Students in our UNESCO seminar are increasingly aware that the Organization has some quirks. For example:
- UNESCO stresses programs in Africa but most of its staff is in Paris.
- Its budget is tiny compared to the huge global challenges it faces in education, science, culture and communications.
- While :Science" was added to the UNESCO Charter almost as an afterthought, there are now both "natural science" and "social and human science" programs; the combined science budget is larger than that for either the education or the culture programs.
- The social and human science includes sports and philosophy, but not disciplinary programs in economics, sociology, anthropology and the other social sciences.
- UNESCO is supposed to focused on promoting progress in developing nations, yet it has relatively little focus on promoting the applications of social science knowledge for that purpose, nor on promoting cultural changes that will facilitate such development.
- While two-thirds of the UNESCO budget comes from assessed contributions, the rest is from extrabudgetary resources which are always hard to predict and which tend to bias efforts away from those directed by UNESCO's governing bodies.
- The governance is vested in an unwieldy 193 nation General Conference that meets only every other year, but largely delegated to a 58 member Executive Board that also meets relatively infrequently and is also unwieldy.
The question comes up, how did the Organization come to be so quirky? One thing is clear. UNESCO is not the result of a rational decision as to how to allocate available resources to best achieve the Organization's mission.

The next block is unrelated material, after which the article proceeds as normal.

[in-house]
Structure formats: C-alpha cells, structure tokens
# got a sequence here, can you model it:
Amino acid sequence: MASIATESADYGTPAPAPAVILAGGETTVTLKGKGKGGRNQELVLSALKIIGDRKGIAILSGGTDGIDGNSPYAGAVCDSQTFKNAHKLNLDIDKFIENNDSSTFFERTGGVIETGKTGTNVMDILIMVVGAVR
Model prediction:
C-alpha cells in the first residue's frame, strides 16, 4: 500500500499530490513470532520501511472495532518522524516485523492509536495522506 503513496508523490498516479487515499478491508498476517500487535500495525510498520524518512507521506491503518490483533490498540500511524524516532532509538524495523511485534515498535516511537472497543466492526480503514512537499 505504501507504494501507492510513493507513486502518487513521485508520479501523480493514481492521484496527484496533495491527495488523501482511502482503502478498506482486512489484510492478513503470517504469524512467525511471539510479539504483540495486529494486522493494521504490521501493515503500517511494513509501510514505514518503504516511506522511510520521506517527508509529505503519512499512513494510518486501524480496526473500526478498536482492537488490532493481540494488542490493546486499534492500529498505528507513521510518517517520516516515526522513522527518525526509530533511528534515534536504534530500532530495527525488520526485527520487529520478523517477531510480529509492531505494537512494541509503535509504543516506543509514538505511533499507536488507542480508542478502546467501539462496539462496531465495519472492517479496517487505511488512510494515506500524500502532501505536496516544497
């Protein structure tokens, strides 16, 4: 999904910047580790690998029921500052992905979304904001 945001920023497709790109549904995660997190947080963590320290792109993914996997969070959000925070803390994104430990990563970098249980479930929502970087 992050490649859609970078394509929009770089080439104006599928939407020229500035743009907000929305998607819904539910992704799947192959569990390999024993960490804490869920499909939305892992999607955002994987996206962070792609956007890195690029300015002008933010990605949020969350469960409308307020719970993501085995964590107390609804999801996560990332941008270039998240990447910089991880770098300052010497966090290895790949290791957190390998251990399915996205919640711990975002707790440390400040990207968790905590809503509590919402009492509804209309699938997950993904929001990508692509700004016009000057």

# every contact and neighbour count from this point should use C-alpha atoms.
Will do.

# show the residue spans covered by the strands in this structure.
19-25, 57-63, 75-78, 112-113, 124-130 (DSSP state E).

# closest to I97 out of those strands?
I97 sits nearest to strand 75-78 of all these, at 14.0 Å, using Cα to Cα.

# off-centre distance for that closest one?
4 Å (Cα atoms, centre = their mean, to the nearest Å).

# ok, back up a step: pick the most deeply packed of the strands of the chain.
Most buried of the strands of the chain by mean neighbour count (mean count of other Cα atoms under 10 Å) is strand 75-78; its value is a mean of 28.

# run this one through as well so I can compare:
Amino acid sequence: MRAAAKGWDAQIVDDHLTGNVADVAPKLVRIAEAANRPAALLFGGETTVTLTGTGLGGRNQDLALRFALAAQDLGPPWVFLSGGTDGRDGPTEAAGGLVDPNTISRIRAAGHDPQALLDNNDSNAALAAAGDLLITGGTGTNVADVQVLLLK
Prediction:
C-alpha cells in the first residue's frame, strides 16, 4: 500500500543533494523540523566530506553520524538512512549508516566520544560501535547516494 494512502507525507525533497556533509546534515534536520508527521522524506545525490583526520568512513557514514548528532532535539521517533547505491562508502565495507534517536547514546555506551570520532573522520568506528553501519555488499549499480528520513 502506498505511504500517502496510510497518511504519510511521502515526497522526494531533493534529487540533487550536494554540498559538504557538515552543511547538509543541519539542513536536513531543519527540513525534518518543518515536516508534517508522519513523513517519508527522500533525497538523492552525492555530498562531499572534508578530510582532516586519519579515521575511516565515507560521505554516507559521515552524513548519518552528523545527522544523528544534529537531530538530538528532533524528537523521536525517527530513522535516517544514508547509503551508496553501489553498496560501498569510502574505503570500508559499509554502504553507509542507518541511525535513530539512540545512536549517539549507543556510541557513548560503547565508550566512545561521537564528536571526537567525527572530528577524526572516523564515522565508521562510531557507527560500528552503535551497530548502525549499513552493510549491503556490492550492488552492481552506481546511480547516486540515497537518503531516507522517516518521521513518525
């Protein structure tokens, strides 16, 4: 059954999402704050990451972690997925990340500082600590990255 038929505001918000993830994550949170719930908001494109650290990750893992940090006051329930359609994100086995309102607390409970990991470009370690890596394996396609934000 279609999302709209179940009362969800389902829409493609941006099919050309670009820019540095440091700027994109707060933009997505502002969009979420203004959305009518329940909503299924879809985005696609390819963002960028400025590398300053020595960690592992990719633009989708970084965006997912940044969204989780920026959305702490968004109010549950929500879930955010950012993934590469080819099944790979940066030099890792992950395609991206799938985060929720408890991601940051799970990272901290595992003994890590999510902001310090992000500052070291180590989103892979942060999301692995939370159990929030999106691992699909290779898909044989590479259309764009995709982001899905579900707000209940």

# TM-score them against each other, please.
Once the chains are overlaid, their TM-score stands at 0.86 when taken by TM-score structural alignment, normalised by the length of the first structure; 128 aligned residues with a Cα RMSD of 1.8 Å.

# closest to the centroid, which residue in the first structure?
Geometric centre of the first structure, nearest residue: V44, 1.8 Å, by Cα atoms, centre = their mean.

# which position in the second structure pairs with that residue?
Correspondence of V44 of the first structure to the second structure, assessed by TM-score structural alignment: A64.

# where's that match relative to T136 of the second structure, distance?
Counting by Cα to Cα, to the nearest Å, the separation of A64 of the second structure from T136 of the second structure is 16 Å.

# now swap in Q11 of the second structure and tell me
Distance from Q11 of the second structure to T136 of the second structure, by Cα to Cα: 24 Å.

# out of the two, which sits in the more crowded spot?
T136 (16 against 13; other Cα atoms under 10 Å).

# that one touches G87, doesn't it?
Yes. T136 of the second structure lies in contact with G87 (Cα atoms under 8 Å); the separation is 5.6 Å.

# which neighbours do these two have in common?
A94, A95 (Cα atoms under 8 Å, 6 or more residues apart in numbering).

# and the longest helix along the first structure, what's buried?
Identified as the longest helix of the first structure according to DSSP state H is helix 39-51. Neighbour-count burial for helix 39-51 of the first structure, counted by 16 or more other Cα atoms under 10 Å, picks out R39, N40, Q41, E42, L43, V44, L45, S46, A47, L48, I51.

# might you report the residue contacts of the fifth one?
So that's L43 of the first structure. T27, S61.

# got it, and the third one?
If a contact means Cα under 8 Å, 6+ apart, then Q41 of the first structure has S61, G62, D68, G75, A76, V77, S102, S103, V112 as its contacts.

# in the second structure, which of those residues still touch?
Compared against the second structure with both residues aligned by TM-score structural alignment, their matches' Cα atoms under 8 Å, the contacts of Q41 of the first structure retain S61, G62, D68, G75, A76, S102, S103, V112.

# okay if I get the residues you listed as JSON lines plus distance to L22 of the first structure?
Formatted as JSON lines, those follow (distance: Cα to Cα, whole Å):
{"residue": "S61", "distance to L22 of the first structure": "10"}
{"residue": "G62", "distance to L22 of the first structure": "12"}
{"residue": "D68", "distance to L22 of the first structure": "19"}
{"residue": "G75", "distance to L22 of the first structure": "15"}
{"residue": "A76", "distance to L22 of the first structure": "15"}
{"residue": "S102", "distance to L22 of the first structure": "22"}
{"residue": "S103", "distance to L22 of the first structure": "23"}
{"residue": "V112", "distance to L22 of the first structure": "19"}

Perhaps surprisingly, there is and always has been a considerable effort to keep the Organization's programs closely linked to UNESCO's original charter which focuses the Organization on building the defenses of peace in the minds of men, promoting global efforts in education, science, culture and communications towards that end. (Students in our class have been treated to a lecture by Dick Arndt and Ray Wanner on how that charter was created, and have been provided with readings on the subject.)
The UNESCO Secretariat generally tries to do that which its member nations instruct it to do through UNESCO's governing bodies. It does so with the resources that are available for those purposes. While that is true, that statement does not respond to the fundamental questions about the decision making that resulted in the current structure of UNESCO and the composition of the portfolio of its programs.
Incrementalism and Fit
Clearly, an important factor in UNESCO's design is the niche that it fills within the web of intergovernmental organizations. That web itself has been evolving since World War II. UNESCO is clearly seen as complementary to the United Nations, and is deeply affected by U.N. products such as the Universal Declaration of Human Rights and the Millennium Development Goals. UNESCO seeks to work in ways complementary to the efforts of other decentralized agencies such as the World Health Organization, the Food and Agricultural Organization, and the United Nations Industrial Development Organization. So too, it seeks to complement the efforts of United Nations programs and funds such as the United Nations Development Program and the United Nations Fund for Children (UNICEF). It participates in United Nations interagency programs such as the Joint United Nations Program on HIV/AIDS, and works in the context provided by other United Nations bodies such as the Human Rights Commission, the High Commission on Refugees, the U.N. Commission on Sustainable Development and the U.N. Commission on Science and Technology for Development.
UNESCO today is the result of six decades of incremental decision making. Decisions were made at each step that had to take into account the then existing staffing and organization of UNESCO, its existing programs and their importance and degrees of success. Essentially there is a kind of inertia in an organization and a program as large and complex as those of UNESCO.